There are probably a dozen more practices that you and I could name, and whose demise would mean the end of predatory health insurance business models. Going after these, which NO one but a Limbaugh can defend, would keep the insurance companies as honest as pushing a public option that is becoming little more than a lightning rod for opposition.

    Tuesday, May 12, 2009

    Focusing on single-payer health insurance confuses strategies with goals

    We need to start thinking more critically, and less ideologically about health-care reform. Focusing exclusively on a single-payer system confuses strategies with goals. Ignoring the mixed public-private systems that work all over Europe plays into the strategy of those who have no such confusion. THEIR goal is clear: protect the unregulated freedom of health insurance companies to ration coverage and care in order to maximize profits and executive compensation.

    In February, the Organization for Economic Cooperation and Development issued a report on the deficiencies of our current system, with detailed recommendations for reform. The OECD report focuses on issues that get too little attention from political interest groups or the media. This is a serious report and demands a serious read.

    Also, in July 2001, the Heritage Foundation issued a report on European health care systems that really surprised me. Although the report is eight years old, it contains some still valuable findings and still useful recommendations. Of course, this was in 2001, before September 11, and before the Bush Administration had fully demonstrated its total allegiance to free-market absolutism.

    Predictably, the report was overly critical of the flaws of the European systems, especially, and also predictably, the French. But they also included reasonable “lessons learned”, and virtual endorsements of guaranteed, affordable coverage for all.

    Most surprising: all the European models Heritage discussed, except the Swiss, combine publicly guaranteed insurance with private supplemental insurance. And all the flaws are both marginal and correctable. I have always distrusted Heritage because of its ideological bias toward unregluated free markets. But, in this report, the knee-jerk, evidence-free rejection of government regulation of the health care industry, which Cato and others still embrace, is missing.

    On this occasion, and perhaps unintentionally, they went off the script. They got a few things right that we can actually leverage for real health care reform.

    Saturday, April 25, 2009

    Wave and Tidal Energy - again the Next Big Thing?

    Thanks to Laurel Krause at Mendo Coast Current for capturing this story from yesterday's Christian Science Monitor.

    I live not far from Pennington, NJ, the home of Ocean Power Technologies, but that's not the only reason hydrokinetic energy interests me. Wave and tidal energy resources off the New Jersey Coast could add as much as 100MW to New Jersey's renewable energy potential. That's 50% of the state's still contentious target for onshore wind.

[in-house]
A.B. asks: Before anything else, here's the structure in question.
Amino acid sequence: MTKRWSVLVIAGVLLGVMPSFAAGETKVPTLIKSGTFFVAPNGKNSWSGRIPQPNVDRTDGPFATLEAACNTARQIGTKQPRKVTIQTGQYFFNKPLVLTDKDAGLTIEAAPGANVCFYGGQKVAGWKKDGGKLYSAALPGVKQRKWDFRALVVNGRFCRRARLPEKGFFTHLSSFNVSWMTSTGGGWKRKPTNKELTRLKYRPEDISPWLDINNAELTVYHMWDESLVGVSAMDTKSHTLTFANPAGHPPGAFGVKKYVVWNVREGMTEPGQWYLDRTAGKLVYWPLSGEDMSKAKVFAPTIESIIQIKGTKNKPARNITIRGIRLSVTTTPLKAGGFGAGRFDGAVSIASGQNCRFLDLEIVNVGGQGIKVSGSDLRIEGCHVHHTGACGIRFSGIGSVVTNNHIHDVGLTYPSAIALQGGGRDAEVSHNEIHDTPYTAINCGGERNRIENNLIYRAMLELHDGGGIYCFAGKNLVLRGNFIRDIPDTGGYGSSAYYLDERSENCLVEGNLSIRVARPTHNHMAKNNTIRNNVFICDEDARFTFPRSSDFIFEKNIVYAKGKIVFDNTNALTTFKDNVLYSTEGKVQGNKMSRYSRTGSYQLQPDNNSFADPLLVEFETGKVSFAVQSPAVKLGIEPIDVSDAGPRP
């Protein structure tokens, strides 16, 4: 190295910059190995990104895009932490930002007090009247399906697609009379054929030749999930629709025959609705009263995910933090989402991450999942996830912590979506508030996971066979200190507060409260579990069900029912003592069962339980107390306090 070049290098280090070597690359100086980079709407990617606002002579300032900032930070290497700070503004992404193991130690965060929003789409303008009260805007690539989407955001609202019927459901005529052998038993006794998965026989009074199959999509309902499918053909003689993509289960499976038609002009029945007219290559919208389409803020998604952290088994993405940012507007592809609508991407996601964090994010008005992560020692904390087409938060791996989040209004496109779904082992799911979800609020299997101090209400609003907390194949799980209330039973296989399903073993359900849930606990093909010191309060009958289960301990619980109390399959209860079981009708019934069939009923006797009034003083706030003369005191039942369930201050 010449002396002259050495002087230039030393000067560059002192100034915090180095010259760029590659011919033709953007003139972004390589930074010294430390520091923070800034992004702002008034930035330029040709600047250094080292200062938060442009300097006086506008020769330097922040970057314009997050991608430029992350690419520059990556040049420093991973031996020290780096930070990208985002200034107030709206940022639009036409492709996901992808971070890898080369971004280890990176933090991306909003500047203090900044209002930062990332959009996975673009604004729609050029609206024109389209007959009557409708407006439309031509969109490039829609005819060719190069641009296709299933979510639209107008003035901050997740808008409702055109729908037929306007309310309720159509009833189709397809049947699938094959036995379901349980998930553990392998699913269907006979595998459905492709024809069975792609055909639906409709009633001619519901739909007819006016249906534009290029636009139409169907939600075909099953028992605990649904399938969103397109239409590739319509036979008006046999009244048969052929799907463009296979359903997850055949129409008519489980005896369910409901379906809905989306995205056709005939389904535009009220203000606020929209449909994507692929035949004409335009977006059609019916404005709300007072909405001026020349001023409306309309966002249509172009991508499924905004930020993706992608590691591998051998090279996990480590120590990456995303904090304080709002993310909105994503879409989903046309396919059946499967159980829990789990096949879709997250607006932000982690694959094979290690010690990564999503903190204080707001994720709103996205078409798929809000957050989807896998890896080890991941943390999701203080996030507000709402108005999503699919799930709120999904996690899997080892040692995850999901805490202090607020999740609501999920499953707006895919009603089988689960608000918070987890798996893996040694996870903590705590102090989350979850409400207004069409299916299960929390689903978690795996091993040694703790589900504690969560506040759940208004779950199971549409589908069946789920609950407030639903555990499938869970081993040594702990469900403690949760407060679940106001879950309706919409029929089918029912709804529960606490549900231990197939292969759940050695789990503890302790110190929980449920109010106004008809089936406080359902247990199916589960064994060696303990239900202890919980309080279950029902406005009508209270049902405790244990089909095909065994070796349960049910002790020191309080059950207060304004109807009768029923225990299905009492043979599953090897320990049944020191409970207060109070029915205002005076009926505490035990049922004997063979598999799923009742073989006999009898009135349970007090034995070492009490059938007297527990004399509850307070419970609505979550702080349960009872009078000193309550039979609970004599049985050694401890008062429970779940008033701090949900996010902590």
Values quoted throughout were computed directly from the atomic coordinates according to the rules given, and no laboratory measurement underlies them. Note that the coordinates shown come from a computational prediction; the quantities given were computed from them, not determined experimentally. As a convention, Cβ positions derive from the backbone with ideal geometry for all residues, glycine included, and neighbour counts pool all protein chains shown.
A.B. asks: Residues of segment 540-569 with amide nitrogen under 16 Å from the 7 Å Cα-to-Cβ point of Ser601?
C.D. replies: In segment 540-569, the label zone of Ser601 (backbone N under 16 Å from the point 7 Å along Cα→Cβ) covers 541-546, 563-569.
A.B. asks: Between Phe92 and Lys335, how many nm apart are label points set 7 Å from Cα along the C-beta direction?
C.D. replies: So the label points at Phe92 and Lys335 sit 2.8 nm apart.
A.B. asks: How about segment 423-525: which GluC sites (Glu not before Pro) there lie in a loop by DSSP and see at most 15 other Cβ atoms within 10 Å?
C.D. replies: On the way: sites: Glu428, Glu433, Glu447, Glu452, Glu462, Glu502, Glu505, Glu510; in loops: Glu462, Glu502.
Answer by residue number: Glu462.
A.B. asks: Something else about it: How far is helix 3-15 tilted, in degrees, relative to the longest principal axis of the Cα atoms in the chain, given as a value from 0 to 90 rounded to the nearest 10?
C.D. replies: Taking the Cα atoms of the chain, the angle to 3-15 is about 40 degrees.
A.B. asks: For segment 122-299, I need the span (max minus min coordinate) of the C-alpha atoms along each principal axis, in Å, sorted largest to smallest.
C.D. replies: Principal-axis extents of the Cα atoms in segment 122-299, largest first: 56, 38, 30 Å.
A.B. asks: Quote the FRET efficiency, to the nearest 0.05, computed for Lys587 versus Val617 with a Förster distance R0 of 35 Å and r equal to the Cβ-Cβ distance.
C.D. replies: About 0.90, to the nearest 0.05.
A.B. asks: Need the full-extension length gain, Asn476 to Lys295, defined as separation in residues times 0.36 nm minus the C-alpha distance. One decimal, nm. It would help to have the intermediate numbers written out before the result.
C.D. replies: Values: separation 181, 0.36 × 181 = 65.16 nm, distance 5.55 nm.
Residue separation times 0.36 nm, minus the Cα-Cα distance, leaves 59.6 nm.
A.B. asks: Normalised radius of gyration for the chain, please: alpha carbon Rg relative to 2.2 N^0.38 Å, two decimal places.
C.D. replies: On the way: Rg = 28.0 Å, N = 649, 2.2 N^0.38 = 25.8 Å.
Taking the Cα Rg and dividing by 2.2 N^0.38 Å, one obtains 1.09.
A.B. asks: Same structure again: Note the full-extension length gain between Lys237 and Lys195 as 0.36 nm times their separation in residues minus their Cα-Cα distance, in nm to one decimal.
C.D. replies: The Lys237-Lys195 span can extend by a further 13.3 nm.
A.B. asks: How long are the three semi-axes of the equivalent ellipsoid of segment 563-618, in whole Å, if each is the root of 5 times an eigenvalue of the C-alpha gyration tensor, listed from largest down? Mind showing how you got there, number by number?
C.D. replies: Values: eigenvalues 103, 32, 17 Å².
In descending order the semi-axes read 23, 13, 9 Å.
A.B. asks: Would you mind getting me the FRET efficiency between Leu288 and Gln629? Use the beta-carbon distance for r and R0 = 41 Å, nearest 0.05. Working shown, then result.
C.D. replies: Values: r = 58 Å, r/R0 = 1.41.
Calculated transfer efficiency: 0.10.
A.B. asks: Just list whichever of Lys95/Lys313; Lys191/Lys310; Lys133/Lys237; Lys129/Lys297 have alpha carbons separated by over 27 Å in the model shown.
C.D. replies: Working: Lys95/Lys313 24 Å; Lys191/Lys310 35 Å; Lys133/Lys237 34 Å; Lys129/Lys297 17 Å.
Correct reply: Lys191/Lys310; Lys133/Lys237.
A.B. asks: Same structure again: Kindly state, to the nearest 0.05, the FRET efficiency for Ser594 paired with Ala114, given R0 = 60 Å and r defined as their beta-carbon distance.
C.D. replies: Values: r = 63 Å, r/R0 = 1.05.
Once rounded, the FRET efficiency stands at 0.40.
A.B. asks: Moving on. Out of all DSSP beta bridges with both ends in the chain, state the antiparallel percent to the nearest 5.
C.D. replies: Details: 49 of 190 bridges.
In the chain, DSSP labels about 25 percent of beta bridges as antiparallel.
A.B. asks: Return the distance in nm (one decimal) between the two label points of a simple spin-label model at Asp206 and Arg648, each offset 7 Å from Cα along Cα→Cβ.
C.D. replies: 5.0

OPTT and other US wave and tidal companies have always struggled in the States, but have gotten a lot of attention from Spain, Portugal, the UK ( especially Scotland) and Northern Ireland. Spanish and Portugese projects have fallen victim to the dryup of alternate energy investments but the US now actually seems interested. If wave and tidal actually take off in the the US, California and New Jersey are probably where they will happen first.

    The Electric Power Research Institute (EPRI) maintains a complete directory of active wave and tidal projects, along with extensive reports on wave and tidal R&D. They also published a very informative research report in 2007.

    Wave and tidal technologies compete with elevated offshore wind turbines for public and policymaker attention - and funding. They also cost a lot to build and maintain. Another problem is that tidal and wave technologies are still in the early, pre-commercial stage and probably five years away from large scale deployment. While they are coming up to speed, wind, solar, biomass, conservation and efficiency technologies will continue to advance.

    That creates the risk that wave and tidal technologies could permanently lag behind in the competition for investment and customers, and remain niche technologies forever. The upside is that niche technologies can do really well if the niche is big enough.

    Wednesday, April 22, 2009

    Thinking nuclear

    I have always looked at nuclear power with a lot of skepticism. Not because I think it is impossible to solve the plant safety and waste disposal issues, but because I have no faith in the industry's willingness to put those issues first and profitability second.

    Still, the idea of safer, smaller, distributed nuclear plants has intrigued me since the 1970s. A recently-updated article on the subject makes the idea seem a little closer to reality.